Learning Responsible Data Filtering From Law

Training data for foundation models that are used in big data research—and how the law and legal data can inform data filtering practices—have been the focus of research by Stanford Law students working with colleagues at the Stanford Institute for Human-Centered Artificial Intelligence (HAI) and its associate director Daniel Ho, William Benjamin Scott and Luna M. Scott Professor of Law and director at Stanford’s Regulation, Evaluation, and Governance Lab (RegLab). The RegLab team recently assembled Pile of Law, a vast dataset of court and administrative opinions, legal code, case books, and other legal documents. Based on the team’s initial experiments, Pile of Law can help researchers their training data meets minimum legal standards and help researchers develop context-appropriate privacy filters while revealing problems with commonplace filtering standards.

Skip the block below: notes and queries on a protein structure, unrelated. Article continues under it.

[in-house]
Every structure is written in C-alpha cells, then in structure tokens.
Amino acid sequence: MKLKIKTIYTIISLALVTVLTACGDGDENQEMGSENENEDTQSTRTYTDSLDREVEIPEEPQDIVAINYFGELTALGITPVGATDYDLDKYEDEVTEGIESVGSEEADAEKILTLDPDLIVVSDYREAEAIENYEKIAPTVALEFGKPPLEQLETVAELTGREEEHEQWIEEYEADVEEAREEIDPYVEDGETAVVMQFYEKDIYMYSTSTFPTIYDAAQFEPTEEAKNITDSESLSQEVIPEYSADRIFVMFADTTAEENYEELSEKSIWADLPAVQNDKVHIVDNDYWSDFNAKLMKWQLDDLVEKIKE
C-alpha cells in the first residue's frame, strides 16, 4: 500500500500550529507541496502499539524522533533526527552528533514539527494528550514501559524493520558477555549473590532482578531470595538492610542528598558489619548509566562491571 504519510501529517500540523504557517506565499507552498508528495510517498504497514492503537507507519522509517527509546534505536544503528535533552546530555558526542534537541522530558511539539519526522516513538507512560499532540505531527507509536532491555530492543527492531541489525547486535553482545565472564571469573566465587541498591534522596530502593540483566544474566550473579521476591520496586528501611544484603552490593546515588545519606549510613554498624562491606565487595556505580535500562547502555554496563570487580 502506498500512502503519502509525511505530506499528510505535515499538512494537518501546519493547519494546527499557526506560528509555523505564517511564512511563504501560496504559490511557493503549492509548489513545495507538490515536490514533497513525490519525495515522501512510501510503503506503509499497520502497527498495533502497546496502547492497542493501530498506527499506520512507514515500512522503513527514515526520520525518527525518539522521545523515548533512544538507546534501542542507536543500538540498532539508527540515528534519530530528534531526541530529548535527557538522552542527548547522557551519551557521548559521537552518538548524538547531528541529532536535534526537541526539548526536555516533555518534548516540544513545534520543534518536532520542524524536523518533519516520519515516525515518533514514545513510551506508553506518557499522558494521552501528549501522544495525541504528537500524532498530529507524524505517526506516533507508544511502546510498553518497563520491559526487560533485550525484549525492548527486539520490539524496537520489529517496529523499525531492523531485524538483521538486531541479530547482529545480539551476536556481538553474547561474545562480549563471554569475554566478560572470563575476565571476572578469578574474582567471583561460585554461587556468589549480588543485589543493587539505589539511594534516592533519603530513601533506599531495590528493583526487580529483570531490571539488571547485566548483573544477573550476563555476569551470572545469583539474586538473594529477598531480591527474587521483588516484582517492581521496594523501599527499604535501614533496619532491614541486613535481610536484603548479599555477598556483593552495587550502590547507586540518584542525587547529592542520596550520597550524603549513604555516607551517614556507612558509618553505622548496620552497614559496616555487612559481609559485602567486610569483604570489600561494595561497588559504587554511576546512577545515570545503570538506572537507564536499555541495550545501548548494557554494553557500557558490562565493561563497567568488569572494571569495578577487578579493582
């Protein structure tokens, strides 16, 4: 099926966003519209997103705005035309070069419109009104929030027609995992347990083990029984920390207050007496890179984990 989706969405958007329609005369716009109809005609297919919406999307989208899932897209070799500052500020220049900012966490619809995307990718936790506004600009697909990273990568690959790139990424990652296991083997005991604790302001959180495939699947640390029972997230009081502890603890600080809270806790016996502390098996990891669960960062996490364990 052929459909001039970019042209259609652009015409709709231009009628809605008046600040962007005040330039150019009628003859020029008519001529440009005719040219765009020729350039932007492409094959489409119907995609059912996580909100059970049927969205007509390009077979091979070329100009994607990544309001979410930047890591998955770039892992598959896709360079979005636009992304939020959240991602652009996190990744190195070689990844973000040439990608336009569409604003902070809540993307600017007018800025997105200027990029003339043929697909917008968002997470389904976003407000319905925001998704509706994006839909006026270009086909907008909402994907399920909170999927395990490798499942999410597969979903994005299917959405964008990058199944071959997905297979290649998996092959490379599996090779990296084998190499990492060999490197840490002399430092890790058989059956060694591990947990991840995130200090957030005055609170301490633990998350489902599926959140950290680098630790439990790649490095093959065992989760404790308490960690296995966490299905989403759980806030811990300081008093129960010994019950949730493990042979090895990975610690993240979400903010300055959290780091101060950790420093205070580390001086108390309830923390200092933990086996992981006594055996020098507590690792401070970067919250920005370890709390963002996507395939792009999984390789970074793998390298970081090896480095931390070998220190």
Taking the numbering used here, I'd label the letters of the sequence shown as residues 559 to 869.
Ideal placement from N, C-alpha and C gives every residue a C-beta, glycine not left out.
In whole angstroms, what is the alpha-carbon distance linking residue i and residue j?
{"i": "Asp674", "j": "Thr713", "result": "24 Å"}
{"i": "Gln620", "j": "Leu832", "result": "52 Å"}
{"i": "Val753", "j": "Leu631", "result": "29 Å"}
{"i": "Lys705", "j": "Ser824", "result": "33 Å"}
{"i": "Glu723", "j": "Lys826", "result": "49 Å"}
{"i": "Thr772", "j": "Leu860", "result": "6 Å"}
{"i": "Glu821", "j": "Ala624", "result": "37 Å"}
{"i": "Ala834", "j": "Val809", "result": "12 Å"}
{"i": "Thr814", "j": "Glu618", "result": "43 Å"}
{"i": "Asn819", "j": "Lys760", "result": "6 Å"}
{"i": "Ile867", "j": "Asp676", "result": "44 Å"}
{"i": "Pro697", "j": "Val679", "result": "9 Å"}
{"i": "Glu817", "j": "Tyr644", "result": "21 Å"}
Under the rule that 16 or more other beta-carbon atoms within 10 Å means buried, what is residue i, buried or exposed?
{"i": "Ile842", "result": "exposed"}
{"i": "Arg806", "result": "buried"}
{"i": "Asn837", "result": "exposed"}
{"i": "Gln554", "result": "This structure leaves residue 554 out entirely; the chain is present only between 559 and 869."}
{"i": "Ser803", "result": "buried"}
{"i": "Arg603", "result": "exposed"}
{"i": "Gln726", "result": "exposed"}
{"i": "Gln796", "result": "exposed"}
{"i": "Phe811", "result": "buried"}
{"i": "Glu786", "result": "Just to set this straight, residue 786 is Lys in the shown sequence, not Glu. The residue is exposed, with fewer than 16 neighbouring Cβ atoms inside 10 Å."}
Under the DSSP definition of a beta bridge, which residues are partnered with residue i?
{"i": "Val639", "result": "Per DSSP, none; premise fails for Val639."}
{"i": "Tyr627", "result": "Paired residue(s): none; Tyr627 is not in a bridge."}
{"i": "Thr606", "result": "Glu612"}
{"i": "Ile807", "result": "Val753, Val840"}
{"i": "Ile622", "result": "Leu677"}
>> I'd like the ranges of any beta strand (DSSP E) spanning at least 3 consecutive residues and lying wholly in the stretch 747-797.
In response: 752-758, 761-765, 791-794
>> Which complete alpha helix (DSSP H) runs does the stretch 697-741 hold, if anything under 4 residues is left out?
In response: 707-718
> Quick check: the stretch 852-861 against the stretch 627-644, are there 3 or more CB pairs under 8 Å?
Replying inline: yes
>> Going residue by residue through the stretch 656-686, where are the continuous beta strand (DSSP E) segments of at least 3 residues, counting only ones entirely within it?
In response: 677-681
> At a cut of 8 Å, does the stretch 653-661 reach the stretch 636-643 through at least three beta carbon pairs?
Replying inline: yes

“We don’t want models to associate people with their private content or with harmful characteristics,” says Peter Henderson, JD/PhD ’23. The team looked to the law—and the long history of courts setting standards for information disclosure. “We wondered, why not import those standards into the machine learning environment?” says Mark Krass, JD ’21 (PhD ’23). The work is forthcoming at the NeurIPS conference https://arxiv.org/abs/2207.00220.